Here I would like to look at consumerism. Consumerism generates wants, a sense of lack, both for the product being hawked and, more importantly, for the setting in which the product is portrayed. To fuel consumption inadequacy in our roles as mother, father, provider, male, female, achiever, lover, or other positions of social value is evoke.
For the product on sale the messages may range from simple product display to deep titillation. We can ‘get that tingle’ or achieve the mystery and ecstasy of great intimacy with ourselves, another, or nature. Our children are immersed in and continually bombarded by the psychological agendas of advertising.1
Far more subtle and powerful is the background in which the product is displayed. The immaculate kitchen with all the requisite appliances, the luxurious bedroom, the nicely appointed office, the serenity or thrill of ‘getting away’ to nature, each of these promulgates an atmosphere of what is necessary to be a part of and to live within the greater society as well as to have a feeling of inner completion and wholeness.
Advertisers have realized the influence of setting. Large amounts of money are spent to have products placed in movie and television scenes. Many children’s shows are simply continuous displays of products worked into a story line.
To meet these implanted expectations requires money, so most parents work. Children find whatever nurturance and safety is available by both adapting to parental moods and modeling parental behavior. On the treadmill chasing the desires and illusions of consuming, parents are tired, stressed, and frustrated. Children become scheduled appointments. A child needs organic presence, not time slots. ‘Quality time’ is both hype and rationalization.
There are many families that no matter how much labor they put forth will never earn enough to match the vague and changing norms generated by advertising. They simply cannot afford the ‘right’ shoes or the ‘in’ clothing. The home and car when matched against the social template are marginal. For many there is a sense of failure, loss, sadness, and anger.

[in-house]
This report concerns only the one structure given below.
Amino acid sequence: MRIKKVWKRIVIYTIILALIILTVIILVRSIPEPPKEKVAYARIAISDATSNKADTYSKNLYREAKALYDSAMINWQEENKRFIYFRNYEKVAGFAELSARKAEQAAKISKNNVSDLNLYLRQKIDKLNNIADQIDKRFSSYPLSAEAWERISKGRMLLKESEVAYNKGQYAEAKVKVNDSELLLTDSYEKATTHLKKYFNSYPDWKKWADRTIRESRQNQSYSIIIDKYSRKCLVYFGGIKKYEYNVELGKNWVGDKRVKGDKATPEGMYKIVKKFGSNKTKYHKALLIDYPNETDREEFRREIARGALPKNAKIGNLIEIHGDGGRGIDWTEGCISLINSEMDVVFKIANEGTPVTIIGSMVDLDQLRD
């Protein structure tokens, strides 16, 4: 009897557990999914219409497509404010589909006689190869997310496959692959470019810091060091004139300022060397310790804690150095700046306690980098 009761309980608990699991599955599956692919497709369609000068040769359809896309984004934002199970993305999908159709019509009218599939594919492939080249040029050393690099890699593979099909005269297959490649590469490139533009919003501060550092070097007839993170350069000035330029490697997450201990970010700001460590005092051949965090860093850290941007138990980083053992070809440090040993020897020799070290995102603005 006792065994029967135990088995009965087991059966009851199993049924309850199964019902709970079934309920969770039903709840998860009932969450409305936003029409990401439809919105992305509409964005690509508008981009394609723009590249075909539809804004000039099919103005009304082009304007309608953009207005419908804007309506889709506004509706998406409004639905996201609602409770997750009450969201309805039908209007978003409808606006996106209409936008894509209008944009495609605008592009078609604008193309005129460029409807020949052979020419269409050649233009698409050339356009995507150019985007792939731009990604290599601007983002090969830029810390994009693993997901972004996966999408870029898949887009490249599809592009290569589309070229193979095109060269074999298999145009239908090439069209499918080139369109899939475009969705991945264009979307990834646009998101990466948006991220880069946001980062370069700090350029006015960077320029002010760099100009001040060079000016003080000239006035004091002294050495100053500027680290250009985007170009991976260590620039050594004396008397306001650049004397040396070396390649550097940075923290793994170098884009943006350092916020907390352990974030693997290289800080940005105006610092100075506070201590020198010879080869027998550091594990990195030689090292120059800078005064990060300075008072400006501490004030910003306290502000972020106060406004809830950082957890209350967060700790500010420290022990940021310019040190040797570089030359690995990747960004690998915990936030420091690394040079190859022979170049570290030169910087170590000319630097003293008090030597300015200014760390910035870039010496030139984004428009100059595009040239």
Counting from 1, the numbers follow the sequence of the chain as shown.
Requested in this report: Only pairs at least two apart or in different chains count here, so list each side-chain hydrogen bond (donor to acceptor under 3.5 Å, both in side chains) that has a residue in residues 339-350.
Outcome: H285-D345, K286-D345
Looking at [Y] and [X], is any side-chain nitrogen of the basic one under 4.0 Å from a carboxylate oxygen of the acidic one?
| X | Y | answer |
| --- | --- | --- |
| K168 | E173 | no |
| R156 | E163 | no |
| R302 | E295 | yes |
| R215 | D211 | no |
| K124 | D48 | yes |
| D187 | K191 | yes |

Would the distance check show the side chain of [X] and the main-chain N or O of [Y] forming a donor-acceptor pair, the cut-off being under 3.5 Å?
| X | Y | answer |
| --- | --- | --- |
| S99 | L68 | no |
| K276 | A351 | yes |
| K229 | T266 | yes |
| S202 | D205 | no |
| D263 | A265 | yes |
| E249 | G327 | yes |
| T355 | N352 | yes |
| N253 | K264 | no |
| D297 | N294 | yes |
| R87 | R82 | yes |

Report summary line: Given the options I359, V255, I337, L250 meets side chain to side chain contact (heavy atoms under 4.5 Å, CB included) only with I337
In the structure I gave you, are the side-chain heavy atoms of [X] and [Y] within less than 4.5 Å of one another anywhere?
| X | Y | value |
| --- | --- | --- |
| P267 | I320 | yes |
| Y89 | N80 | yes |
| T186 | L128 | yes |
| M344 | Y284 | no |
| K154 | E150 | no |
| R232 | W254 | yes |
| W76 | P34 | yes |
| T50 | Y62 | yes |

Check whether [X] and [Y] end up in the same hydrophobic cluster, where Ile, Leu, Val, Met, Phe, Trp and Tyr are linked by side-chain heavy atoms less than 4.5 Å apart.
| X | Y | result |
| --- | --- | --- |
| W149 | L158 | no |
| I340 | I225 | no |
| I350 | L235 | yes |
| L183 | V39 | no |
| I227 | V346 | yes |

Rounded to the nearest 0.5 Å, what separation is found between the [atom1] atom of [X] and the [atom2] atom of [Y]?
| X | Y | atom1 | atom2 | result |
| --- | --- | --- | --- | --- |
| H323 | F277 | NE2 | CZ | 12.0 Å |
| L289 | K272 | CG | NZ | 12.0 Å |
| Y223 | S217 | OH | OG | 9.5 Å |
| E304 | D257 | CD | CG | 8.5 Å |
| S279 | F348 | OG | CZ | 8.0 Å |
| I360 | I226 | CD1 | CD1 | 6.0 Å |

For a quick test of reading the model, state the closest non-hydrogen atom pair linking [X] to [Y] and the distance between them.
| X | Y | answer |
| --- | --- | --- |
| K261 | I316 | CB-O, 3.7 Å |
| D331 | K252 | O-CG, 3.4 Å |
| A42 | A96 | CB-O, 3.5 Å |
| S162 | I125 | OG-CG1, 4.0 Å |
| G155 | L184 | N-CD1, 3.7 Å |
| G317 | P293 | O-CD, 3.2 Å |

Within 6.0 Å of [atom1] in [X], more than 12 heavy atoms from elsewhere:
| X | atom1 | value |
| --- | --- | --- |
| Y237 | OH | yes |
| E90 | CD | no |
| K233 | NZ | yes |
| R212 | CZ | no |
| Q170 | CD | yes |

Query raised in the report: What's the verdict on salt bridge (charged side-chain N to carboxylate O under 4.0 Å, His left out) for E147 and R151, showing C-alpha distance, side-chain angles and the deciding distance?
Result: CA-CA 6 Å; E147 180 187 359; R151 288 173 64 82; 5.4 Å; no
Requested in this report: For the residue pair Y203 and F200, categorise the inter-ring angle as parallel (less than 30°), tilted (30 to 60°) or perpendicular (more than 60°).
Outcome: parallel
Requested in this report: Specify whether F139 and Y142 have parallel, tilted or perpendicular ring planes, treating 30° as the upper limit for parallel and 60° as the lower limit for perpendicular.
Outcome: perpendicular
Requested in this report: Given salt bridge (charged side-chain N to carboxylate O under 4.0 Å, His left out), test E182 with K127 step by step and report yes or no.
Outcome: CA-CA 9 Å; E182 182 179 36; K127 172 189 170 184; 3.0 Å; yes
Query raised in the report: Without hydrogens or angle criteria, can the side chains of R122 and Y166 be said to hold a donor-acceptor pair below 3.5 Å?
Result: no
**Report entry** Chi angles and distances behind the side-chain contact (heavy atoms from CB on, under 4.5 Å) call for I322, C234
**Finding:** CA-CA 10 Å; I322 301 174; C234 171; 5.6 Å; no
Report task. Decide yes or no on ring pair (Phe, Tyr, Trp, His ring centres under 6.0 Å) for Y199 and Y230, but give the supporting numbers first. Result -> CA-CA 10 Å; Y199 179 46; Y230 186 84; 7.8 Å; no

For single-parent families - somewhere around a third - all these problems are magnified. This is not being critical of single parents, working or not. They are the product of a fragmenting social environment. Of course, single parent families are the perfect answer to an economic system based on consumption of materials and services. The more households, the more blenders.
Our economy is predatory - whether it is the soul of the individual, a demographic focus or another nation.
Secondly and intimately tied to the above is the ongoing state of the world. Wars, famines, child abuse, ozone depletion, child abductions, chemical pollution, overpopulation, violence on the streets, greenhouse gases, AIDS, corruption in government, brutality towards women, nuclear wastes; the list is long, pervasive in our lives, and overwhelming.
As the previous generations have lived with Toffler’s Future Shock2, our children live with ‘No Future Shock.’ Future shock can be seen as a moving ground where the only way you can stay even is to keep running like hell. No Future shock is having no ground at all.
There is an age group that has been called Generation X. These are the first full blown electronic media advertising babies. The generation that is following them might rightly be called Generation Y. Why care? Why respect? Why work? Why value? They have a sound bite view of the future. They are electronically embedded in the runaway engine of commerce. The defense of denial is an eroding veneer.
Consumerism and No Future Shock dovetail at the confluence of resource depletion, pollution, over-population and worldwide exploitation. Our children know this in their bones. They know that they inherit a systemic attack on both human and planetary adaptability. They know they are being invited onto the consuming treadmill that is ever increasing in speed, with more and more people trying to get on, with hazard of being poisoned imminent, and with sheer terror awaiting those who can’t keep up. No Future Shock is the meeting ground of angst and rage.
John Weber 1998
1 Bakan, Joel. 2011. Childhood Under Siege. Penguin. Canada.
2 Toffler, Alvin. 1970. Future Shock. Random House. N.Y.